And this made me see it: Reopening the economy, as currently designed, is basically a glorified pyramid scheme. The smoke and mirrors around what’s going on, the domino-effect way people are compelled to participate, and the way money funnels and concentrates at the top — these are symptoms of a pyramid scheme. And, like in a true scam, it’s the people at the bottom of the pyramid who lose most often and have the most to lose.
Can you see it, too? Wall Street wants the markets to recover. Creditors and landlords want money to flow again. A governor’s order pressures mayors to follow suit, lest they be judged unfavorably by a money-starved electorate; that convinces large employers to take the risk in a bid to beat their vulnerable competitors. Opening businesses means recruiting customers; that leaves more workers on the front lines, carrying the burden of infection with few avenues for recourse if they do get sick. The end of quarantine will mean the end of higher wages and “catastrophe pay” for essential workers, as well as roadblocks to employer paid leave under the Families First Coronavirus Act. And losing money means it’s less of a choice to keep yourself safe at home and more of a consequence.
Even if saving more lives now may actually mean a better economy in the future, it’s seductive to buy into the idea that we need to sacrifice in order to protect America for future generations. The reality is that a bunch of people with no cash on hand are left with few options other than approaching the entities they owe, hat in hand, to negotiate for forgiveness. That “advice” from experts makes me think of what the great chef and writer Gabrielle Hamilton says in her lengthy, heartfelt New York Times essay, as she mulls the muck of dead-end loan applications and unreturned calls from her bank: “I could start to see that things I had thought would be quick and uncomplicated would instead be steep and unyielding. No one was going to rescue me.”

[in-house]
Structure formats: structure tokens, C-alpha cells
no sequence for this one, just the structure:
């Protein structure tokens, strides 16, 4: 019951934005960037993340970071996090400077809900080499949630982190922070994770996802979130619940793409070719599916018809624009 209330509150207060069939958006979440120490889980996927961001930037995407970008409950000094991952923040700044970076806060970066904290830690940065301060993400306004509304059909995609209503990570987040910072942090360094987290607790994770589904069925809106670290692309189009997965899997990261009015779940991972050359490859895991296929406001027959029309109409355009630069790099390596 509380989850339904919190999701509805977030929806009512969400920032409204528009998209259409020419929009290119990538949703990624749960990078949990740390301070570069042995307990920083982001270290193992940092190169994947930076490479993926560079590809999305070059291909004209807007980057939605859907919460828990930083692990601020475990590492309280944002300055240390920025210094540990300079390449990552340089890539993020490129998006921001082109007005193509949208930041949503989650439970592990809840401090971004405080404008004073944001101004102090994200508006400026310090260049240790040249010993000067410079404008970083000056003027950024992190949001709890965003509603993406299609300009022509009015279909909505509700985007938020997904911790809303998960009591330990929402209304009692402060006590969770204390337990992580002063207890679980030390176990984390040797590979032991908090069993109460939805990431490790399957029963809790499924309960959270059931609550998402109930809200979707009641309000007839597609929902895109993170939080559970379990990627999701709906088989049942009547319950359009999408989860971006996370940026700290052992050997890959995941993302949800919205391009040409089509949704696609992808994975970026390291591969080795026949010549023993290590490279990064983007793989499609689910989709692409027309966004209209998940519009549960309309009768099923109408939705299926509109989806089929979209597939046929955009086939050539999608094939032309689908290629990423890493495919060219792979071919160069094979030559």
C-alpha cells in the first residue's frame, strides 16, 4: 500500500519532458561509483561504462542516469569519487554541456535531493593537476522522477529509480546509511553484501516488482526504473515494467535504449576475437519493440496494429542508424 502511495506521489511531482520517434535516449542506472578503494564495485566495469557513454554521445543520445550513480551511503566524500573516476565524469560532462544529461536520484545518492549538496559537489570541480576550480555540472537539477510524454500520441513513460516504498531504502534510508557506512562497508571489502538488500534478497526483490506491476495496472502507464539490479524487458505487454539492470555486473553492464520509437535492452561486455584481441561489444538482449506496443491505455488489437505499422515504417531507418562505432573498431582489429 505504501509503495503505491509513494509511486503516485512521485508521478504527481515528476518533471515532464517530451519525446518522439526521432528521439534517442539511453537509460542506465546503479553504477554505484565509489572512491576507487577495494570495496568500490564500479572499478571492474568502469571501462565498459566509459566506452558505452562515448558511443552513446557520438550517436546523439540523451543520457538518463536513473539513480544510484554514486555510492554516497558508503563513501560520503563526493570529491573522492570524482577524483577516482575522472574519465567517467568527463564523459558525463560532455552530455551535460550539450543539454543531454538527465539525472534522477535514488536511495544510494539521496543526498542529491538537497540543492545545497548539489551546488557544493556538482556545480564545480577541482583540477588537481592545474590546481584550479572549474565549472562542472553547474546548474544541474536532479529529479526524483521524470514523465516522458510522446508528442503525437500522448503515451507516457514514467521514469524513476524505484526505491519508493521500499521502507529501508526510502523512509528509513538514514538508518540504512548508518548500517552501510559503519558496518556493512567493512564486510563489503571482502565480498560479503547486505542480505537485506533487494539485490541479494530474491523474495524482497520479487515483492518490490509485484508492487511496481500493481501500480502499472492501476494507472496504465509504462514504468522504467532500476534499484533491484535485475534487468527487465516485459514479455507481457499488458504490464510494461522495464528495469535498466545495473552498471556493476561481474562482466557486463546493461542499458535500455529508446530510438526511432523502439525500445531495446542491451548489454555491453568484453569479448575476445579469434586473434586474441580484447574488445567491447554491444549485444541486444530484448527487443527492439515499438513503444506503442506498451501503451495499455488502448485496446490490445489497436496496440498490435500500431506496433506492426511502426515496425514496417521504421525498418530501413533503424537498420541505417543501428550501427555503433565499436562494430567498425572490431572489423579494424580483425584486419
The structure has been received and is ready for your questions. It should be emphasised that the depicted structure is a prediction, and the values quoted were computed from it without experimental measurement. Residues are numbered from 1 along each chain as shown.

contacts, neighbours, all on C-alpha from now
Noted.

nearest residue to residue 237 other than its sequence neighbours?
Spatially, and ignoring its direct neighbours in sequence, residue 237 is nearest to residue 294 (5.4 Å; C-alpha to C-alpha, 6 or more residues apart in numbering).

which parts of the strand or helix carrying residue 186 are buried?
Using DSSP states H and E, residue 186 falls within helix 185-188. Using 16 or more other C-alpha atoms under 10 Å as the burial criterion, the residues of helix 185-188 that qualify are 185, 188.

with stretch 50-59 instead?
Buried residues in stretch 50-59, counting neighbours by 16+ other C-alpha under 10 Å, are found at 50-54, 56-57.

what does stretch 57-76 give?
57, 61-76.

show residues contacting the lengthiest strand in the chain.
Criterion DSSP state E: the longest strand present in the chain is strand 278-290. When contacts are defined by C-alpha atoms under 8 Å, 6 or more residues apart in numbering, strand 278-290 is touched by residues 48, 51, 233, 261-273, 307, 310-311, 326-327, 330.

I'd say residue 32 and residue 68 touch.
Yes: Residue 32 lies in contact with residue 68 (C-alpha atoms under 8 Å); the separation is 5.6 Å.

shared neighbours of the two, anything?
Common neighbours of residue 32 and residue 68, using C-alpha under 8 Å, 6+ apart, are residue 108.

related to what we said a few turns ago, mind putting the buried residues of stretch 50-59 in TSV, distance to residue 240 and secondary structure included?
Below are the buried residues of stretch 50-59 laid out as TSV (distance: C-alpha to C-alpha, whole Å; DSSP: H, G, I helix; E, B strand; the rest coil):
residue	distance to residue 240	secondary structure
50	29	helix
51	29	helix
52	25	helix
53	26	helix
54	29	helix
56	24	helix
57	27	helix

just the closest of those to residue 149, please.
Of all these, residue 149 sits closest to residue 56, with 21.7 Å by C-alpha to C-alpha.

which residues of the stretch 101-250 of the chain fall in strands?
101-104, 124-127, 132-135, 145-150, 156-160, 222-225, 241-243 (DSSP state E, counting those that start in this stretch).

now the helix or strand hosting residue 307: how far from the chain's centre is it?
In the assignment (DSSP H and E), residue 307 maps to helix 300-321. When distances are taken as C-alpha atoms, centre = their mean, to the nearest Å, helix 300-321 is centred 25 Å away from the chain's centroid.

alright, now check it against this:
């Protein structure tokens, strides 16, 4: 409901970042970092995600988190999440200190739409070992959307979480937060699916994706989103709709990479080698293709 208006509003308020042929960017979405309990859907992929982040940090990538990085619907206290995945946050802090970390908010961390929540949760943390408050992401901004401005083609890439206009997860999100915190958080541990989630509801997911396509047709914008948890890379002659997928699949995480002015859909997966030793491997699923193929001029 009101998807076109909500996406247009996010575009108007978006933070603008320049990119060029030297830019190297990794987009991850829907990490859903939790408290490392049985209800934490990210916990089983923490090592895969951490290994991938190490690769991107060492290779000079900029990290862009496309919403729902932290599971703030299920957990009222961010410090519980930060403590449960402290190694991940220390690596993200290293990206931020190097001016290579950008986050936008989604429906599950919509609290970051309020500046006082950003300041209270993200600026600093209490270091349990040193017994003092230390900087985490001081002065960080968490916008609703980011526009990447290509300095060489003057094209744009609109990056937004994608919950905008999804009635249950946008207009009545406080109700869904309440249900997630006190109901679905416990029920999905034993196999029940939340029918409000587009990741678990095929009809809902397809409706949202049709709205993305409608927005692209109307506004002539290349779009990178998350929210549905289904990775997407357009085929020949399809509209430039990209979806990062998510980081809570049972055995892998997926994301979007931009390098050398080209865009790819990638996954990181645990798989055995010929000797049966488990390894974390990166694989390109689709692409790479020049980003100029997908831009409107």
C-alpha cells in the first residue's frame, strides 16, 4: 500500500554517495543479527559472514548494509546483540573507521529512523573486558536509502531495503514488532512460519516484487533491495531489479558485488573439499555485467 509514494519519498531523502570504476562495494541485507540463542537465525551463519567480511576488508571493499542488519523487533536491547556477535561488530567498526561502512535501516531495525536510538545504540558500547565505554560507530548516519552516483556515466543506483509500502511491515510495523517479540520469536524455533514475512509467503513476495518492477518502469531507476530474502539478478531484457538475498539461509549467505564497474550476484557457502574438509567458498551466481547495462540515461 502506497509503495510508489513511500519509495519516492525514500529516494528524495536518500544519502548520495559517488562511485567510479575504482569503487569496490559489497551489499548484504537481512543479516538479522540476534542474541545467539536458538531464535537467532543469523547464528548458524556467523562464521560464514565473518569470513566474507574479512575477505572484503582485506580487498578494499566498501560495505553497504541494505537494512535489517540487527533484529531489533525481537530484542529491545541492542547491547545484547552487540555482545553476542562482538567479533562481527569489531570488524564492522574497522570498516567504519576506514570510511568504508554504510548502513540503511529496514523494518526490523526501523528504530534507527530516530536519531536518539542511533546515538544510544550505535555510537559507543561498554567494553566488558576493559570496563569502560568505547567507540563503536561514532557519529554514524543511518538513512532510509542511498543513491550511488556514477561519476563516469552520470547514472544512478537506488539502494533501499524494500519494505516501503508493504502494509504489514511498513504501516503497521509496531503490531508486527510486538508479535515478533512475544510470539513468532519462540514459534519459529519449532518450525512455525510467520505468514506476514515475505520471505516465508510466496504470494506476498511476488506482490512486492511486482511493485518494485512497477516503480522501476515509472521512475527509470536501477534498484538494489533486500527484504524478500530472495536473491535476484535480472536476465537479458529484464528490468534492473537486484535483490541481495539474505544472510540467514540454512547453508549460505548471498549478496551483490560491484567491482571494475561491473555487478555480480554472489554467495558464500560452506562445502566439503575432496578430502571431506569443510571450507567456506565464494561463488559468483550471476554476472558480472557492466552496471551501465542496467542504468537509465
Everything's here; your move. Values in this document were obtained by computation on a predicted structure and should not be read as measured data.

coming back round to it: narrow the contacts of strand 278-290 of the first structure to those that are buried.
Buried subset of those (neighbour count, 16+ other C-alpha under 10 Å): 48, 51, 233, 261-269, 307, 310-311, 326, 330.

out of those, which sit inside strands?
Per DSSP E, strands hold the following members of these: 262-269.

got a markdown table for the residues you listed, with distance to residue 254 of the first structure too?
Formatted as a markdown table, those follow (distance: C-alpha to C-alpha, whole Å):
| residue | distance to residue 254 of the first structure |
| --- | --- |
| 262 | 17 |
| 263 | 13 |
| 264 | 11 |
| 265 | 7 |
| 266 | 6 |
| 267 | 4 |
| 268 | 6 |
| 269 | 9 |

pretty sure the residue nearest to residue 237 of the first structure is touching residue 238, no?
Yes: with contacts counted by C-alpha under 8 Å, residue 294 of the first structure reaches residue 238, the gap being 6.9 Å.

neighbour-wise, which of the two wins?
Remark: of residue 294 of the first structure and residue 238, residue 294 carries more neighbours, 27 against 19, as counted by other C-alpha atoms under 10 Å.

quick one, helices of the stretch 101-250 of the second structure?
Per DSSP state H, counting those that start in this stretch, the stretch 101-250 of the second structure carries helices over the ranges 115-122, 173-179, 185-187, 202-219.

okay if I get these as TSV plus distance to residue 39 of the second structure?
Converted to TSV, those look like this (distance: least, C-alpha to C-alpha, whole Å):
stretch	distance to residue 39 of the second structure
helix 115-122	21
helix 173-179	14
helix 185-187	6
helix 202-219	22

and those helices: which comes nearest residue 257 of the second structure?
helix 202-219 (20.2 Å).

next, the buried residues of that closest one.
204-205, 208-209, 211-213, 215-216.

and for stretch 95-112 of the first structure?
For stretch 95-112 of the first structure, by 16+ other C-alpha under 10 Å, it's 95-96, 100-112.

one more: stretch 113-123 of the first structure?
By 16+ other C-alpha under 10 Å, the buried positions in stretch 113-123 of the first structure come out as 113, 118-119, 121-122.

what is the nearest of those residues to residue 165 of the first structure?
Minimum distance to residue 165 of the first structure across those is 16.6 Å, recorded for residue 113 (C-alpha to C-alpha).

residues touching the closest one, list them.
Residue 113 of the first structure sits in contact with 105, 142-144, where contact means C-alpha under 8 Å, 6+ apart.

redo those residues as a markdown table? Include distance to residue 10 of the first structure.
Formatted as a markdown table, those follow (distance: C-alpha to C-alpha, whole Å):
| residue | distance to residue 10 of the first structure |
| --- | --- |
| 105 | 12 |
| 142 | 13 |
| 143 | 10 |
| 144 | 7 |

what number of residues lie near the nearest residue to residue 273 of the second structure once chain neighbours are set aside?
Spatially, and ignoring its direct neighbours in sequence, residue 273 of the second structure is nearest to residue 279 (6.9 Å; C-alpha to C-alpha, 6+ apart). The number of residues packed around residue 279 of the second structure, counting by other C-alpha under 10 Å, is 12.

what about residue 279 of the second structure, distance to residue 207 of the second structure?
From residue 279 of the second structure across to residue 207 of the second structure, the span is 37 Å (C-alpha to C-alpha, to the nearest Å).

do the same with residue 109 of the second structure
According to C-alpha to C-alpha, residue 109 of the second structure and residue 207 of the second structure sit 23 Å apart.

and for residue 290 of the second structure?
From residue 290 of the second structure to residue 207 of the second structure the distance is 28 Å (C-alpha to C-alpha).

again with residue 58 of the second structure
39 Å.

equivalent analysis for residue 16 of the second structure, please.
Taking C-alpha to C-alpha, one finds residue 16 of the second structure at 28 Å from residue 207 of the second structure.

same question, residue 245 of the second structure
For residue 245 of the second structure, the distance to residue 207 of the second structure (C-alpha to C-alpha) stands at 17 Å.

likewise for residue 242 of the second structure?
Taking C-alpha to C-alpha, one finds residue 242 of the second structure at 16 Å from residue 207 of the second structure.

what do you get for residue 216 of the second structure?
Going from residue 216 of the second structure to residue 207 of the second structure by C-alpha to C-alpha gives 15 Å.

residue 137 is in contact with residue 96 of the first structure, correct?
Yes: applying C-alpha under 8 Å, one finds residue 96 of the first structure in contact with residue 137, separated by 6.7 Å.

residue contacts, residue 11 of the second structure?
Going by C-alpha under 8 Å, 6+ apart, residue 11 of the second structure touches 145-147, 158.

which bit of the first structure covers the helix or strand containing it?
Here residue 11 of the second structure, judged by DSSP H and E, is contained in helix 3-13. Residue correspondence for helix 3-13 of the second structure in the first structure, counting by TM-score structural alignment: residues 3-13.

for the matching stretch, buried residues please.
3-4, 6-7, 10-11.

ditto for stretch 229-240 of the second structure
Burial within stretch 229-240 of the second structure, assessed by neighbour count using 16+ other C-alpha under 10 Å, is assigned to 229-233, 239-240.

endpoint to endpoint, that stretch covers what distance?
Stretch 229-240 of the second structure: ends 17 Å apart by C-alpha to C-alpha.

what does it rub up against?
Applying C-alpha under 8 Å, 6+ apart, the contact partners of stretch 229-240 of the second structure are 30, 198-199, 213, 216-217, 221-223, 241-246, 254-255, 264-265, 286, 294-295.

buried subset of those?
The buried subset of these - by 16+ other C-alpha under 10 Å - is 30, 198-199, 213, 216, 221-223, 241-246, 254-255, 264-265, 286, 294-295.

It means something that even a beloved, influential chef — of a restaurant that survived for so long as a beacon of all things good and humble — feels powerless right now. There will be much grieving to come, too: Research suggests some 40 percent of businesses fail to reopen after disasters, which this certainly seems to qualify as. People who are out of work or struggling to imagine a future with a shuttered business deserve compassion and help. But the fix so many are selling as the way out of economic ruin is no fix at all — it’s just putting faith in a system that has failed the people who make America run, time and time again.
We’re staring at a society-shifting pandemic that makes 9/11 look quite small in hindsight. The government put us in this position by failing to prepare and failing to provide aid. Now they want small businesses and workers to carry the load of the recovery?
I don’t know how my parents will fare in the long run, or whether their little Italian restaurant will survive. I wonder if they’re doing enough to protect the employees that work the daytime delivery-order shift. I wonder if unemployment will be enough for the ones who were laid off. There is, perhaps, a true middle ground — a way to reopen businesses with real rules, real enforcement and a foundation of financial support. But my parents no longer trust our leaders to get that complex equation right. For now, the decision to reopen or not remains out of their hands anyway, with Hawaii in lockdown through May. And they’re in no rush, even as anxiety for the future rises.
“We’re just going to have to hang on in the storm. What else are we going to do? Better than dying,” my dad says over the phone. “Just like every other time when the economy tanked, we’re going to have to survive, and figure out how to recover later.”